The show was a success because of how the relationships between the characters reflected the ups and downs of real-world friendships.  Indeed, the boyfriends and husbands of Sex & The City did come and go. But the four core characters always remained the best of friends.

Contact a friend you’ve lost touch with or arrange a regular night-out with a group of friends. You won’t regret it.

5. Professional goals

Most CEOs, executives and managers once had a plan that they executed to get to where they are. Professional plans don’t have to be complex. They just have to be specific and achievable.

  1. Be specific about what role, benefits and work conditions you want to have and write them down.
  2. Share your plan with a manager or someone you trust who can check in with you on your progress.
  3. Once you know what you want to be, give yourself 12 milestones along the way that you can measure and celebrate when you reach them. Even if you don’t reach the end-point, you will have achieved a whole lot of small wins on the way regardless.
  4. Explore study options, vocational training and even formal courses that not only give you certification, but offer valuable exposure to the world you are stepping in to.

6. Fun

It is well documented that hobbies and activities outside of your work responsibilities are good for both your physical and mental health. In a study of Leisure Participation by Southern Illinois University, it was confirmed that those with hobbies and leisure activities reported greater satisfaction with their lives.

Those who like to work out at the gym talk about “being in the zone.” Knitters speak of a “Zen-space” they enter whilst knitting. Fishing fans love the peace and solitude of dropping a line. Few people speak of stress, worry or pressure when they speak of their hobby. Take up a new hobby and add balance to your busy life.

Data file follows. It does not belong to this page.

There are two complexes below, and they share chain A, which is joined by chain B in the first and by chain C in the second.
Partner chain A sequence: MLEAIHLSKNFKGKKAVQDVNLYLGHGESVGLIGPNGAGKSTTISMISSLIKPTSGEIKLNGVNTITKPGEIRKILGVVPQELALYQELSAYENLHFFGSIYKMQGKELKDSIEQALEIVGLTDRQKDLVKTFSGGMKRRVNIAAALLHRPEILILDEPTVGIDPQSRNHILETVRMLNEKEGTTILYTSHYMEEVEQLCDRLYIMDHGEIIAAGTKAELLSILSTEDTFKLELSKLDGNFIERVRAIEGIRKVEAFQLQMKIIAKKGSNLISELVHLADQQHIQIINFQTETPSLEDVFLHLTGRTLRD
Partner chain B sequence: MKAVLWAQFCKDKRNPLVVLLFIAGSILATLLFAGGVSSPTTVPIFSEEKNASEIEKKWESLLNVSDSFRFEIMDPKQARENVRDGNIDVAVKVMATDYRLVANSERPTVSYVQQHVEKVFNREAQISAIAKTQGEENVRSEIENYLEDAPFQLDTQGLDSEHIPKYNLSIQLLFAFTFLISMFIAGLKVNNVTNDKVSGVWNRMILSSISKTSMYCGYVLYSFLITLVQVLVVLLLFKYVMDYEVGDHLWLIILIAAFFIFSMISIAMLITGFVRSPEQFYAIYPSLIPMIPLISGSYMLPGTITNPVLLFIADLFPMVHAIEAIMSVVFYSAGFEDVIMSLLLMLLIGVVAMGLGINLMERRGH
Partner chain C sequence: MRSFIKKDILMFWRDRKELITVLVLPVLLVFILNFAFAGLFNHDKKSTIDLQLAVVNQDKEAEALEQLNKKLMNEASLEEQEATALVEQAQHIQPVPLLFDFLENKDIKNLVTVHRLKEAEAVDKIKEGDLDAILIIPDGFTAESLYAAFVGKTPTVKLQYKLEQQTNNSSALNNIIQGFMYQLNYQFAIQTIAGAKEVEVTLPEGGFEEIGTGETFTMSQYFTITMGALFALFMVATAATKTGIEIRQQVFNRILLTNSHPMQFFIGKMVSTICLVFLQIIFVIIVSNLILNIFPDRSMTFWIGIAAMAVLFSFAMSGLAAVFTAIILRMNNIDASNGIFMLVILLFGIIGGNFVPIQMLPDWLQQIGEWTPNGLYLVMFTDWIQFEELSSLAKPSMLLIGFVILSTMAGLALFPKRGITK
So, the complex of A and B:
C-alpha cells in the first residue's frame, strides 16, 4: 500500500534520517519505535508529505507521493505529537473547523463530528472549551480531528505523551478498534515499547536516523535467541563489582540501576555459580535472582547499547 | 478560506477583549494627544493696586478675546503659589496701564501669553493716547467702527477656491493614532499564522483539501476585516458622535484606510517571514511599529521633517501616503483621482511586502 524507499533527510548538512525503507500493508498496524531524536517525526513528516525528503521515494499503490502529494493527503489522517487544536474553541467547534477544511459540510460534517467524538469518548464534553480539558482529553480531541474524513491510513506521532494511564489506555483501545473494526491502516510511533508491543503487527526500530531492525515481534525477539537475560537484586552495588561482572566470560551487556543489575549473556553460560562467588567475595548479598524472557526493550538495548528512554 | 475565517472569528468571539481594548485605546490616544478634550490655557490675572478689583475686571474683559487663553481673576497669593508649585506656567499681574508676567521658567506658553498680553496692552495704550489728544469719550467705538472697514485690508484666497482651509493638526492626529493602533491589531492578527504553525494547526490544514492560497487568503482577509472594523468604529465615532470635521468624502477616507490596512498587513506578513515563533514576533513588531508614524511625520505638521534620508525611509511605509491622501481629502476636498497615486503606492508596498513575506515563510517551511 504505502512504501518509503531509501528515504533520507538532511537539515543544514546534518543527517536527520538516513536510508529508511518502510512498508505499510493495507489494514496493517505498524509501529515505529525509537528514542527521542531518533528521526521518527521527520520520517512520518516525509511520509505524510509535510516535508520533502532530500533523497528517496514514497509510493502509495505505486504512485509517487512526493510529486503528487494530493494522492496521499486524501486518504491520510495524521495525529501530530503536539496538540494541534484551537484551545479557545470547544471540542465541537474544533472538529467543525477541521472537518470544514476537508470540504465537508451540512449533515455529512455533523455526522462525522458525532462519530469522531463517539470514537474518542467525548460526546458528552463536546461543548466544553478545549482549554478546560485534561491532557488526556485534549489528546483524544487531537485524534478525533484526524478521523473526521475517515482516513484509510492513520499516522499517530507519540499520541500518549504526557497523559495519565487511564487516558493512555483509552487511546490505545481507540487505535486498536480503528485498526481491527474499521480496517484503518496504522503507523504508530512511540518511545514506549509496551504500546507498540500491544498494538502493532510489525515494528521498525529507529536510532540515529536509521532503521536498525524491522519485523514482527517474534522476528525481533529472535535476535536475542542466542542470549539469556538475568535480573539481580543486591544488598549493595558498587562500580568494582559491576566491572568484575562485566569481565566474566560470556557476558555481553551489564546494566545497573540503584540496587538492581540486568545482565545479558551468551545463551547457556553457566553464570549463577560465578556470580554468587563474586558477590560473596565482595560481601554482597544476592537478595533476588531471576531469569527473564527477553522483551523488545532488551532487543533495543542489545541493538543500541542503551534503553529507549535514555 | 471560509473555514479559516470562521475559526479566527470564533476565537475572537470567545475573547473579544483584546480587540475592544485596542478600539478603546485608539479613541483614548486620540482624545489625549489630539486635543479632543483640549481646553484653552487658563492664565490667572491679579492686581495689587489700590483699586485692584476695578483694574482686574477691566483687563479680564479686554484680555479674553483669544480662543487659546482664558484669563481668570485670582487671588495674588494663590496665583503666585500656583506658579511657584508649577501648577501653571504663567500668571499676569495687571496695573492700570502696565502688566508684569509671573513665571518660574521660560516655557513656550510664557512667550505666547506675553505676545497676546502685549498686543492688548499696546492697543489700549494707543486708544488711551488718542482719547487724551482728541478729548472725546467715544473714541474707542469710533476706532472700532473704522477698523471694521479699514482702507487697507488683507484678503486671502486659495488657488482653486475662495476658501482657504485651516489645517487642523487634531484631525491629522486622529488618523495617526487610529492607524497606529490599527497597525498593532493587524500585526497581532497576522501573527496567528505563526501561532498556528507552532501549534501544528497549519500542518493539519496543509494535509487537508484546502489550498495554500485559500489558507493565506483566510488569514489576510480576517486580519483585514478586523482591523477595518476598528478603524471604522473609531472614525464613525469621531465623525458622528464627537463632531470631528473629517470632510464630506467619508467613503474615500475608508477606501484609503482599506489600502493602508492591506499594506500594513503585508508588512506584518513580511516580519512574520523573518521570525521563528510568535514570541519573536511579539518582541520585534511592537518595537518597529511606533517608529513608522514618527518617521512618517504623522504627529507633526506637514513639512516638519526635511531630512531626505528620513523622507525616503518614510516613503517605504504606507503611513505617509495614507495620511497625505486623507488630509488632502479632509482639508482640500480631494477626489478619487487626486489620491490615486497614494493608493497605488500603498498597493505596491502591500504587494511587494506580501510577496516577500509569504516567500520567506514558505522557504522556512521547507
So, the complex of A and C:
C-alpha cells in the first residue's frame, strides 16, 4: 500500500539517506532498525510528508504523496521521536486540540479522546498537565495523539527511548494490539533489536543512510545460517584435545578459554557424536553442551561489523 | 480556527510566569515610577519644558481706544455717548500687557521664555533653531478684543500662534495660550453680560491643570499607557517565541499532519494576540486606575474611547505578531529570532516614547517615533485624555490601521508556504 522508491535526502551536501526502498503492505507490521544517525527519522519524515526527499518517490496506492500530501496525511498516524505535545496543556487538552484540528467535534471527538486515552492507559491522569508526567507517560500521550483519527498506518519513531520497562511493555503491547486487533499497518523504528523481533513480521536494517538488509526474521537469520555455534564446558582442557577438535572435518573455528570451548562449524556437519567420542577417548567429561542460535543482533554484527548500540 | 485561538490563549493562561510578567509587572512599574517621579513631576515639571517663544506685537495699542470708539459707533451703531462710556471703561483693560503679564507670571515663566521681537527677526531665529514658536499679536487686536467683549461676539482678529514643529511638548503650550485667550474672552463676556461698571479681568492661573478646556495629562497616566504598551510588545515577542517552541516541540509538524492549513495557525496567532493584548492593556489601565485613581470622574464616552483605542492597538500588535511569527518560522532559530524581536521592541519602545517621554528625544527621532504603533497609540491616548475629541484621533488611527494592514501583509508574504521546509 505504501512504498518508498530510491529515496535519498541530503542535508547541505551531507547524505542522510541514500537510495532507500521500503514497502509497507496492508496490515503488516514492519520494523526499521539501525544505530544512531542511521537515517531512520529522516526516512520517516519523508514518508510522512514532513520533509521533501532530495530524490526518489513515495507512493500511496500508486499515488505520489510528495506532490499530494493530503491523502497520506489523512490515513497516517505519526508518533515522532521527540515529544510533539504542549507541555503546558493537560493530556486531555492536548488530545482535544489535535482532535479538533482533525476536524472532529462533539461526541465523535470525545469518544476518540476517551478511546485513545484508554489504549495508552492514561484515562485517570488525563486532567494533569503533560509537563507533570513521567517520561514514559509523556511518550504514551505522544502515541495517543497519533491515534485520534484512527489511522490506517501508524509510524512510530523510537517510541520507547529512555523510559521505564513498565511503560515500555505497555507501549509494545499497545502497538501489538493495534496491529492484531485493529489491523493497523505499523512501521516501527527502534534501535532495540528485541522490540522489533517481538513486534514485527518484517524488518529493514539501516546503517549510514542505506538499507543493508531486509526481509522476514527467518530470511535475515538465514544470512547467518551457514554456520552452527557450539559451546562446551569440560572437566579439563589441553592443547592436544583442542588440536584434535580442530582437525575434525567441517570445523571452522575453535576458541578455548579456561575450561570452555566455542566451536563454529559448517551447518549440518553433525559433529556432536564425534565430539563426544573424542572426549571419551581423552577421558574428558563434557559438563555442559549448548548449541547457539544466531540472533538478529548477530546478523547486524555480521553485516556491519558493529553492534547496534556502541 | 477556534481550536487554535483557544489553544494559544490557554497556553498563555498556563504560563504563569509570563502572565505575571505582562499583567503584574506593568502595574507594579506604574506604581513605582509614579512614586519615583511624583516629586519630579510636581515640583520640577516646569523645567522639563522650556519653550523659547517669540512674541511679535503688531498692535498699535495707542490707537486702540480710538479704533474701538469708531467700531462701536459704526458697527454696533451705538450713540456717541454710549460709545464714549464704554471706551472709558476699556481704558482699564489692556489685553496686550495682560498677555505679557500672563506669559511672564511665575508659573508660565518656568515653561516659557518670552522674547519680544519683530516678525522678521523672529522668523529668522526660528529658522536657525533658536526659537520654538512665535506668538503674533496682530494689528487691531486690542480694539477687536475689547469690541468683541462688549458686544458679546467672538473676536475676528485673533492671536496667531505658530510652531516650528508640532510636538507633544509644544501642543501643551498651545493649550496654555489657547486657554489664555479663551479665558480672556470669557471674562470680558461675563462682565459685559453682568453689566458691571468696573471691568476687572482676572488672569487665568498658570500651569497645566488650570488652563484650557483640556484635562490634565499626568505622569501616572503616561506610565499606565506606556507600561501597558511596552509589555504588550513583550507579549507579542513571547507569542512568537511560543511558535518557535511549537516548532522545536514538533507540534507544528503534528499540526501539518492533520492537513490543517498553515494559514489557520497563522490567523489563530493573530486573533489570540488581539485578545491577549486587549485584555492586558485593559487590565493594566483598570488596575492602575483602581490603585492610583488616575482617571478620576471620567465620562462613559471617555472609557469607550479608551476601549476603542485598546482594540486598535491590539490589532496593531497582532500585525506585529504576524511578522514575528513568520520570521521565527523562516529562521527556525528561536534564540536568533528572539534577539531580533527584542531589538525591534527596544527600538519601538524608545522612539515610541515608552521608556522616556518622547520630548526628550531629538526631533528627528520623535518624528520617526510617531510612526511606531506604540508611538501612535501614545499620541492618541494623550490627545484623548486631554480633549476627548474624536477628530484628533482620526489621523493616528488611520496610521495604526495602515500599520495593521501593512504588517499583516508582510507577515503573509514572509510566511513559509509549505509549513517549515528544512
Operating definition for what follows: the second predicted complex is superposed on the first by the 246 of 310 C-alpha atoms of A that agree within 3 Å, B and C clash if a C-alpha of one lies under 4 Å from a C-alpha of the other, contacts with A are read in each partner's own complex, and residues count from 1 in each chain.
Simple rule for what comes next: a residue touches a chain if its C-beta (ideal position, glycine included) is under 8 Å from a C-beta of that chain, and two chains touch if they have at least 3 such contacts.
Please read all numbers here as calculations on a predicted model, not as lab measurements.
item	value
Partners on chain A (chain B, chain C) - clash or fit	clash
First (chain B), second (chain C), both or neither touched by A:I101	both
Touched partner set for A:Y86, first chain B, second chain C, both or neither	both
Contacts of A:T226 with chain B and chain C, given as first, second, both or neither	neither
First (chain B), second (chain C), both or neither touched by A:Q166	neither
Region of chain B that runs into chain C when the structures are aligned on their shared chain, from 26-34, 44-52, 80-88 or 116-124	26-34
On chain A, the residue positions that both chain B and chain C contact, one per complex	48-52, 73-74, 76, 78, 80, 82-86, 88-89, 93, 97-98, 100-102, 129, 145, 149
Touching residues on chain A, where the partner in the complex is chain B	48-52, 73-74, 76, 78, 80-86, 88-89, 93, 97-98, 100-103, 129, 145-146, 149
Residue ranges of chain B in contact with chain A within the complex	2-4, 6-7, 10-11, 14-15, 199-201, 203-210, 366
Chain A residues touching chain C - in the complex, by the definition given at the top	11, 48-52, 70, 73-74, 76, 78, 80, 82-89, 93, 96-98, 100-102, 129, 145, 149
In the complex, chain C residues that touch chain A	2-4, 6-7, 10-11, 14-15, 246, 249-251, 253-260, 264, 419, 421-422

7. Get organised


An organised home and workspace contributes to increased efficiency and a pride in the space you inhabit. Whilst de-cluttering your space can be a traumatic experience for those attached to their possessions, a far easier process can be a simple bout of cleaning and organising.

The start of the year is the ideal time to do this and is the perfect way to get yourself back into work-mode after the indulgence of the holidays. If you are starting to think of how to organise your home and workspaces, you are easing yourself back in to performance-thinking that’s required for a focused and successful work or study year.

8. Pay it forward

Few of us will be Mother Teresa or Florence Nightingale. Yet we all yearn to be better people, and most of us associate altruistic endeavor with being a better human being.

Giving back to your community can be in the form of volunteering a few hours a month at your local op-shop, community group, junior sports club or your local Meals on Wheels. As well as giving you the opportunity to help others, it looks great on your resume, you’ll meet new people and you’ll be contributing to something bigger than yourself.

9. Make a new contact


We all get stuck in a rut sometimes. And while it’s easy to hit the pub on Friday evening with the people we already know and trust, sometimes it’s nice to meet someone new and connect with them differently than you do with your existing circle.